Readymade-image-sentence: protest aesthetics in a time of democracy post-1989
Jacques Rancière perceives the image as what is sayable and visible and 20C film montage as an Image-sentence: the closest proximity of parallel realities (Rancière 2007). Prohibited from public view, Marcel Duchamp’s 1917 Readymade revolution is re-membered in a photographic image: a fountain-urinal. On the mourning after WWII, George Orwell noted readymade-sentences of what could(n’t) be said (Duchamp 1997). Captured by Rene Magritte, the treachery of a painted-word-image-thought, could have been a film about what it wasn’t (Flavia, 2014). About now, Walter Benjamin saw an optical unconscious in the photograph miraculously inverting the awe of culture and nature. (Benjamin 2004) After 1989, Bruno Latour held this modern Constitution as equally anti-modern (before ever having been modern) and postmodern, after which there would be nothing, except the digital image (Latour 1993). Before this, Situationist International and Fluxus showed life as the other side art. Keep your coins, I want change, read millennial graffiti’s signature anonymity . With no True North, this portfolio-essay presents an Image of protest aesthetics in a time of democracy post-1989. Before, from a North in the South; after from southern hemisphere parallels; in-between from a South in the North. Overarching is a Pacific mirror. Each readymade-image-sentence has four cartoons and four, 200-word max. abstract captions.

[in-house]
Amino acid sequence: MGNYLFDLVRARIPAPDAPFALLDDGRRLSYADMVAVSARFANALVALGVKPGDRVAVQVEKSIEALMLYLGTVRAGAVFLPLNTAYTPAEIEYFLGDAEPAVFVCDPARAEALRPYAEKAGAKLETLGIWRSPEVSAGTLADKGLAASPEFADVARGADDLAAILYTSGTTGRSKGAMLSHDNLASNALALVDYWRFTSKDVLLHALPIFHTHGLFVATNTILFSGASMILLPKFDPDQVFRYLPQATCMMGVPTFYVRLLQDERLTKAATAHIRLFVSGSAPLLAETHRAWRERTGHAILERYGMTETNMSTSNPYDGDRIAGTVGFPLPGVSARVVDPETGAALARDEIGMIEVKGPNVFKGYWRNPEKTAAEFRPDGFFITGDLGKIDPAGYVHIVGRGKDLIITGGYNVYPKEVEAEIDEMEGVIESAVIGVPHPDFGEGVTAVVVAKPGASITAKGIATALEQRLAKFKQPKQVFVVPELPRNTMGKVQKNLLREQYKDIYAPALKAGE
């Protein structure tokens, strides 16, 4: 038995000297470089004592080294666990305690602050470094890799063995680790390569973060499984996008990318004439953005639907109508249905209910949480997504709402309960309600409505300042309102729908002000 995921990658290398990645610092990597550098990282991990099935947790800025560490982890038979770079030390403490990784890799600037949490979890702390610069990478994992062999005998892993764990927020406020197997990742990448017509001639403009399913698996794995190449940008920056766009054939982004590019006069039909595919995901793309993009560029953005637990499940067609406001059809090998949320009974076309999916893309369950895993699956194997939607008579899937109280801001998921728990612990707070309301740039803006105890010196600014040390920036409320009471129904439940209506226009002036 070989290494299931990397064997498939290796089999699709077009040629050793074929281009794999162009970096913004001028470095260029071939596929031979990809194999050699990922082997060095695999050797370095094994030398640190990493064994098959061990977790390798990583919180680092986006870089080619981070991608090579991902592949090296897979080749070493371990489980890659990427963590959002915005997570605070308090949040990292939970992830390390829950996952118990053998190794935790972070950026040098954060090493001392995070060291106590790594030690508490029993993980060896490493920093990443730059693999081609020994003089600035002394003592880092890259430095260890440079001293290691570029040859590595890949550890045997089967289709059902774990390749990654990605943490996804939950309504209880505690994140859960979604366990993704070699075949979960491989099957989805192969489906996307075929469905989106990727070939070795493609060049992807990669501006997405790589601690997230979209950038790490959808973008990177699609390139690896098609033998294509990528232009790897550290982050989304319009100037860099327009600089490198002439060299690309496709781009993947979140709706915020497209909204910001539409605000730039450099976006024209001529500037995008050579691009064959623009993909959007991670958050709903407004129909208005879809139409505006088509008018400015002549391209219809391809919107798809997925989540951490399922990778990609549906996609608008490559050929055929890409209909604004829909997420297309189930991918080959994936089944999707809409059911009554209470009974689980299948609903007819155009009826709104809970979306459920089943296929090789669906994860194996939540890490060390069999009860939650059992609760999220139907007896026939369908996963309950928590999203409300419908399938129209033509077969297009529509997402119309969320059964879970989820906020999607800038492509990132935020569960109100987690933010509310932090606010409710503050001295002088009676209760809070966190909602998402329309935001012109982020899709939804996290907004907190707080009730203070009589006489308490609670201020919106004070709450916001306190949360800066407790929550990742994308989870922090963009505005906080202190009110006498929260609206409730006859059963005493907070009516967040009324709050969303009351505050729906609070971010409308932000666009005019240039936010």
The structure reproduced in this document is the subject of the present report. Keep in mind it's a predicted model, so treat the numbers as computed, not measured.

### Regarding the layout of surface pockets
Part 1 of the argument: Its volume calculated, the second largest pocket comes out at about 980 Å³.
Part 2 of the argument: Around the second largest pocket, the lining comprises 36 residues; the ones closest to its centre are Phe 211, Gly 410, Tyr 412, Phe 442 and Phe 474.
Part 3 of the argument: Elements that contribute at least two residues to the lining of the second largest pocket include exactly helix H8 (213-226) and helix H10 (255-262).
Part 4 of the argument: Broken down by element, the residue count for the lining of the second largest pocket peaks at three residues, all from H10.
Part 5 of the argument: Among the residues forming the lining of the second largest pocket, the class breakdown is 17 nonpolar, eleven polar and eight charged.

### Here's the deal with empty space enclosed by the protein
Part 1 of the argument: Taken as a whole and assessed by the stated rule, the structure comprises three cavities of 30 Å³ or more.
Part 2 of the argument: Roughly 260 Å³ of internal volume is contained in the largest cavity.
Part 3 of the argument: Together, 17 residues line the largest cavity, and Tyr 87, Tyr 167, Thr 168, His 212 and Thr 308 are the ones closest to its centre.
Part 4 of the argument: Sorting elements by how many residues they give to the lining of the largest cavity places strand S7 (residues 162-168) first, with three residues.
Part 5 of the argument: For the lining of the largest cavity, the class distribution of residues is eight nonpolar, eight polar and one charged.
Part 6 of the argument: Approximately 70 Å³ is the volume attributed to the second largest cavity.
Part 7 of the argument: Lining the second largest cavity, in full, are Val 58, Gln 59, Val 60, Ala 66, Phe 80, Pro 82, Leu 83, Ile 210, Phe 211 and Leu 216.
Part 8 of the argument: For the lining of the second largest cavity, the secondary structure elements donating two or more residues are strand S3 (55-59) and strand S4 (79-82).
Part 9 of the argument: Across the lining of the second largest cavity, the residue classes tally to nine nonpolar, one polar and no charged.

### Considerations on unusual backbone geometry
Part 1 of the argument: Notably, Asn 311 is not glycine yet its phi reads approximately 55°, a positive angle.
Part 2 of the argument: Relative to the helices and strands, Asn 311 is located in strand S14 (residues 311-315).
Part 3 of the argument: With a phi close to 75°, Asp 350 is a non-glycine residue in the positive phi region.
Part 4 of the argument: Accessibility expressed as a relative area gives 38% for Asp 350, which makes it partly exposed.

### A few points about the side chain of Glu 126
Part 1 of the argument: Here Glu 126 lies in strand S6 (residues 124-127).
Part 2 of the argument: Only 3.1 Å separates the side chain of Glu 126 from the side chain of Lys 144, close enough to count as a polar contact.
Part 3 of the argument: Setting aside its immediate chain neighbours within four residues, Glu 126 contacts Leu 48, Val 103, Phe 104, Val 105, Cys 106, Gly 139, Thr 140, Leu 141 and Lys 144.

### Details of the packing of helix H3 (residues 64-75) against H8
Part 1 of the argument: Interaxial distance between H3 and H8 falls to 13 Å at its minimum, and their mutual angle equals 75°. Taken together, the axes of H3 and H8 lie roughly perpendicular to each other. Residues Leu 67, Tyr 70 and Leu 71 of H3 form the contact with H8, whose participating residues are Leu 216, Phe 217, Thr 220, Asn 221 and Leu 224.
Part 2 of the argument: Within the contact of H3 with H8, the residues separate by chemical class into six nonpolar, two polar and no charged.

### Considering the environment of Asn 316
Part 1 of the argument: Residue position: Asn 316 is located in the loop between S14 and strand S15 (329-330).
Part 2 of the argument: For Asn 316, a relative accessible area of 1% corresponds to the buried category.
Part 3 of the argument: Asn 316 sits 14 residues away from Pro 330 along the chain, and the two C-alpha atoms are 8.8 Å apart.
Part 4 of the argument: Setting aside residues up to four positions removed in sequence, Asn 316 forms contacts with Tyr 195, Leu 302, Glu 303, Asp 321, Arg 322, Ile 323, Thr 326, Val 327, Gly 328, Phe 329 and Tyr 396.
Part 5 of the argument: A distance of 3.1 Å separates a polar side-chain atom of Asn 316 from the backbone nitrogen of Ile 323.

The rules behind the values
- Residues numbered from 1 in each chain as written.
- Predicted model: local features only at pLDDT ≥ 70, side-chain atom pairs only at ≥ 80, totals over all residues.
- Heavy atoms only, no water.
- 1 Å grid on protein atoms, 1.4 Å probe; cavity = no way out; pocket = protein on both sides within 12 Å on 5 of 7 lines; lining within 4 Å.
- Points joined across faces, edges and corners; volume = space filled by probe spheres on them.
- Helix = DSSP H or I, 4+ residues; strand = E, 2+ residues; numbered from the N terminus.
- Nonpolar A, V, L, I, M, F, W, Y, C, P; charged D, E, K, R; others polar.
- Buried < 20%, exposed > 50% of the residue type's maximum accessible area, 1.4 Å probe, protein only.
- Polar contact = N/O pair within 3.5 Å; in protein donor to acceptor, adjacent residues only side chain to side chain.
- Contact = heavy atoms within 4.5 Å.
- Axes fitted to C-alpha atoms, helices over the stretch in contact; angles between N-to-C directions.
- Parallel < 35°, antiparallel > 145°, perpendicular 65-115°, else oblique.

Keywords – aesthetics, protest, city, North-South, East-West
- How to Cite
McInneny, A. (2022). Readymade-image-sentence: protest aesthetics in a time of democracy post-1989. Design/Arts/Culture, 2. https://doi.org/10.12681/dac.27489
- Vol. 2 (2021)
The copyright for articles in this journal is retained by the author(s), with first publication rights granted to the journal. By virtue of their appearance in this open access journal, articles are free to use (with the exception of the non-granted right to make derivative works) with proper attribution for non-commercial uses (licence Creative Commons 4.0). EKT/NHRF retains the worldwide right to reproduce, display, distribute, and use articles published in DAC in all formats and media, either separately or as part of collective works for the full term of copyright. This includes but is not limited to the right to publish articles in an issue of the Journal, copy and distribute individual reprints of the articles, authorize reproduction of articles in their entirety in another EKT/NHRF publication, and authorize reproduction and distribution of articles or abstracts thereof by means of computerized retrieval systems.
DAC journal considers all submitted artwork on the condition author(s) confirm that third-party intellectual property rights are not violated in any way.
Author(s) are responsible for securing permissions to publish copyrighted material, such as photographs and other artwork and for paying any fees involved. Production of an article will not begin until the editor has received all relevant permissions.
The copyright for published articles in Design | Arts | Culture is retained by the author(s). By virtue of their appearance in this open access journal, articles can be used freely, with proper attribution, for educational and other non-commercial purposes.